World

3:43pm

Tue May 21, 2013
Reporter's Notebook

Discovering A Family Member's Lost Time In Amsterdam

Suzanne Hoogendijk, shown here in 2009, hid for two years with her mother in Amsterdam to escape the Nazis.
Margot Adler NPR

When I found out that one of my cousins — now 88 — had hidden from the Nazis in Amsterdam, just like Anne Frank, it was a revelation. It made me want to know more about my cousin's life and story.

"I like to analyze what happens and to put it in writing; that gives you neatness in your head, and that is what I'm after," says my cousin, retired Judge Suzanne Hoogendijk. She was 87 at the time, and was talking about why she loved being a judge. But delving into her personal past was another matter.

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2:41pm

Tue May 21, 2013
Europe

Far-Right Historian Commits Suicide In Notre Dame Cathedral

Originally published on Tue May 21, 2013 3:43 pm

Transcript

ROBERT SIEGEL, HOST:

From NPR News, this is ALL THINGS CONSIDERED. I'm Robert Siegel.

MELISSA BLOCK, HOST:

And I'm Melissa Block.

There was a dramatic scene today at Paris' Notre Dame Cathedral. A far-right historian and activist shot himself to death after calling for action to - in his words - protect France's identity. He was 78-year-old Dominique Venner. And as NPR's Eleanor Beardsley reports, he was vehemently opposed to France's new law authorizing gay marriage and adoption.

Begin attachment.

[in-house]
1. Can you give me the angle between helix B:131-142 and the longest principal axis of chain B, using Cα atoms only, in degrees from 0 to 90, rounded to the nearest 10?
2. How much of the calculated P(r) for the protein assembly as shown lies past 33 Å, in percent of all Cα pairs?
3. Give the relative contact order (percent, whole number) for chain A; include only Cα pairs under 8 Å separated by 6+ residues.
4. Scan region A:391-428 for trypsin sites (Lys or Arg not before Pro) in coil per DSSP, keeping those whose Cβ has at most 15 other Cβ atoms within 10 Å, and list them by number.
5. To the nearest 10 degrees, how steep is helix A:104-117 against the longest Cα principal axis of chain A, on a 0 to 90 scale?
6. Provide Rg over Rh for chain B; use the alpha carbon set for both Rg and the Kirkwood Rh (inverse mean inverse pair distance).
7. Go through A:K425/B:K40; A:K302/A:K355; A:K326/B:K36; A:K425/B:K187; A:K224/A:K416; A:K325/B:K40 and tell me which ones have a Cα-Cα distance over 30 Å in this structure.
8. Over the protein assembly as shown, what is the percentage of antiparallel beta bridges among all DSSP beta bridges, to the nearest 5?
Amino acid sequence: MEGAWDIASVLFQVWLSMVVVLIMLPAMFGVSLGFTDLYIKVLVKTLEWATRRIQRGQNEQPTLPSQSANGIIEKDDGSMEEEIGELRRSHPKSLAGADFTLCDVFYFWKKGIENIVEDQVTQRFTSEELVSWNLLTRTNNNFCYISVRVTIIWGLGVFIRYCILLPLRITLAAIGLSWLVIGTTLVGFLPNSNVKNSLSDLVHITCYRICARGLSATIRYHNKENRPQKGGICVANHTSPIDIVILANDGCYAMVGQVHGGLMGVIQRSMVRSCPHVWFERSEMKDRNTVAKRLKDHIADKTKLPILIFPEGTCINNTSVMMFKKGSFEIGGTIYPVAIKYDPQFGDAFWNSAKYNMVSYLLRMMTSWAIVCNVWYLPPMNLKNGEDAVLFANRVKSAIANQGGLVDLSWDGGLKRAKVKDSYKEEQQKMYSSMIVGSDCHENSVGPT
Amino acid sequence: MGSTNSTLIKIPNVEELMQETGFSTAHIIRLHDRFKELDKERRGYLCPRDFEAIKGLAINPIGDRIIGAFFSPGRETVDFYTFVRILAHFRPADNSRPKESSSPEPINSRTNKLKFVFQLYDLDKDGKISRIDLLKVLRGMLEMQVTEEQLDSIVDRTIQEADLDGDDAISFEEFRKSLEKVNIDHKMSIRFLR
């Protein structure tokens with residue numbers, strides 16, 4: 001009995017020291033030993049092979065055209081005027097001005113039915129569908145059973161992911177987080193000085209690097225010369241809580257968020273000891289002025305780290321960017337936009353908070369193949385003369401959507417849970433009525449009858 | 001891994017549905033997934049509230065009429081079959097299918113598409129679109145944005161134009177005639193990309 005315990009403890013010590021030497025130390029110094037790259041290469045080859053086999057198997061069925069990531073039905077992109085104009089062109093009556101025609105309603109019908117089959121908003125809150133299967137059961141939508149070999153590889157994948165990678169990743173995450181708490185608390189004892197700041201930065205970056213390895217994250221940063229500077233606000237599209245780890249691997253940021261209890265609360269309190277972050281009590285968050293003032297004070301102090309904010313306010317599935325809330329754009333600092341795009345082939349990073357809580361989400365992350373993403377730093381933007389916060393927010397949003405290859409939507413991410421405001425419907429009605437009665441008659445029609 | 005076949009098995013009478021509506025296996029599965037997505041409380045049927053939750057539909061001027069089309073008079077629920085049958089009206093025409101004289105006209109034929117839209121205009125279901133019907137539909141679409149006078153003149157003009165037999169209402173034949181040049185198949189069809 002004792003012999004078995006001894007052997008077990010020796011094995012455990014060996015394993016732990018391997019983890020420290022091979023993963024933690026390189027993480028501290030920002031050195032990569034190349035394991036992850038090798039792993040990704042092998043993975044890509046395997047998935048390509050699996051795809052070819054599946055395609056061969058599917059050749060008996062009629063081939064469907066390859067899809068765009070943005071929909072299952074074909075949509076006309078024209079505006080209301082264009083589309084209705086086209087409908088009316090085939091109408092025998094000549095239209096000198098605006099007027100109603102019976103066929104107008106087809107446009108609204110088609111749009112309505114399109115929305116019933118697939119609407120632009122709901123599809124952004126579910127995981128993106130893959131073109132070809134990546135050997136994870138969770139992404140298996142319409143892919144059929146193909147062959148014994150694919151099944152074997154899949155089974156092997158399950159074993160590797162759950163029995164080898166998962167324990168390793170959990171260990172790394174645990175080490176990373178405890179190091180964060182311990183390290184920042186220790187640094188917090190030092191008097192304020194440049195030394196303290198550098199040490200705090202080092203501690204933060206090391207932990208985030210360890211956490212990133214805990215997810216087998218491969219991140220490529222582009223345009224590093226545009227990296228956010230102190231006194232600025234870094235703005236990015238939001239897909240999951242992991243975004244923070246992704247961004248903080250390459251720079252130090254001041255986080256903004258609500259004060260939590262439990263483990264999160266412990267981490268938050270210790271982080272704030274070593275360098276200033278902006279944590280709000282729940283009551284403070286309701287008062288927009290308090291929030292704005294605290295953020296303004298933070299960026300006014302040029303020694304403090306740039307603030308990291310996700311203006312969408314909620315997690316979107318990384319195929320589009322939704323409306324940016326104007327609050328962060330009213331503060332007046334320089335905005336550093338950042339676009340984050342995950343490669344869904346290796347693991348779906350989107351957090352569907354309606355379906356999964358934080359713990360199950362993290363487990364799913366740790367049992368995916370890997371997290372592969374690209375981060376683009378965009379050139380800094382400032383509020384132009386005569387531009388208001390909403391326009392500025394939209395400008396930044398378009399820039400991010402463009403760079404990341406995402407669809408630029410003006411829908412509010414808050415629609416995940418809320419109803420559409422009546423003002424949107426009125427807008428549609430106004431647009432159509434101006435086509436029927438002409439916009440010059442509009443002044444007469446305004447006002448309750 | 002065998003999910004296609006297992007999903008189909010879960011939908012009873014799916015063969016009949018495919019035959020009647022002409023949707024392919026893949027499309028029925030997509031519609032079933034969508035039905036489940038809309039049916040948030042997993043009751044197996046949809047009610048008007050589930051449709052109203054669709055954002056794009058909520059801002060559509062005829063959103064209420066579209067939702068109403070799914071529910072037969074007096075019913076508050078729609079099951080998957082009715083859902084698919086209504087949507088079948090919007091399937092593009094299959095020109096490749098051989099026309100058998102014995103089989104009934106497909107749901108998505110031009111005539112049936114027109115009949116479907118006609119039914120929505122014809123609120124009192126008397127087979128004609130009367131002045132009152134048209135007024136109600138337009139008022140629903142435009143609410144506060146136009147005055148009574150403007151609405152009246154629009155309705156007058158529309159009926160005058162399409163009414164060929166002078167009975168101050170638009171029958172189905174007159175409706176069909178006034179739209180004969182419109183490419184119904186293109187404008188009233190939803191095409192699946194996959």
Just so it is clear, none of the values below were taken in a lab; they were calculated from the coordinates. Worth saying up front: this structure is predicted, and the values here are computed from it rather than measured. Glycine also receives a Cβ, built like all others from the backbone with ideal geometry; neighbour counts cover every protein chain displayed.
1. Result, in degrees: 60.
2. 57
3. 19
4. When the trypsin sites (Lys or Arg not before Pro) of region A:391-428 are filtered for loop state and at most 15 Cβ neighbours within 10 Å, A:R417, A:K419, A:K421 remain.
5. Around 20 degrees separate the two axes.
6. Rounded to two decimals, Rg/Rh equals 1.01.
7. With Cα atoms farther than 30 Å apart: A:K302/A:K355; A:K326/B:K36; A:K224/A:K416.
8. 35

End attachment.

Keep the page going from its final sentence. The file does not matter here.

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2:12pm

Tue May 21, 2013
The Two-Way

Gandhi Artifacts Could Fetch Steep Prices At Auction

Originally published on Tue May 21, 2013 2:13 pm

A picture of Gandhi taken on July 24, 1931 in New Delhi.
AFP/Getty Images

Artifacts that once belonged to Mohandas K. Gandhi, the Indian independence leader who took a vow of poverty, could fetch hundreds of thousands of dollars at auction.

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1:01pm

Tue May 21, 2013
The Two-Way

Overturned: Former Guatemalan Dictator's Genocide Conviction

Guatemala's former dictator Efrain Rios Montt arrives in court Jan. 31 in Guatemala City to stand trial on genocide charges. On Monday, his conviction was overturned.
Moises Castillo AP

A federal court in Guatemala has thrown out the genocide conviction of former dictator Efrain Rios Montt, which had been called a breakthrough in the region's human rights.

NPR's Carrie Kahn reports that "all trial evidence and testimony as of April 19th, the date a trial judge was removed from the case, must be re-entered."

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12:39pm

Tue May 21, 2013
Parallels

China Builds Museums ... But Will The Visitors Come?

Originally published on Tue May 21, 2013 3:43 pm

One of the highlights of the new China Art Palace in Shanghai is a giant digital rendering of a famous ancient scroll, "Along the River During Qingming Festival," which includes figures that walk and talk. The work was first presented at the 2010 World Expo in Shanghai.
Frank Langfitt NPR

Shanghai did something last fall that few other cities on the planet could have even considered. It opened two massive art museums right across the river from one another on the same day.

The grand openings put an exclamation point on China's staggering museum building boom. In recent years, about 100 museums have opened annually here, peaking at nearly 400 in 2011, according to the Chinese Society of Museums.

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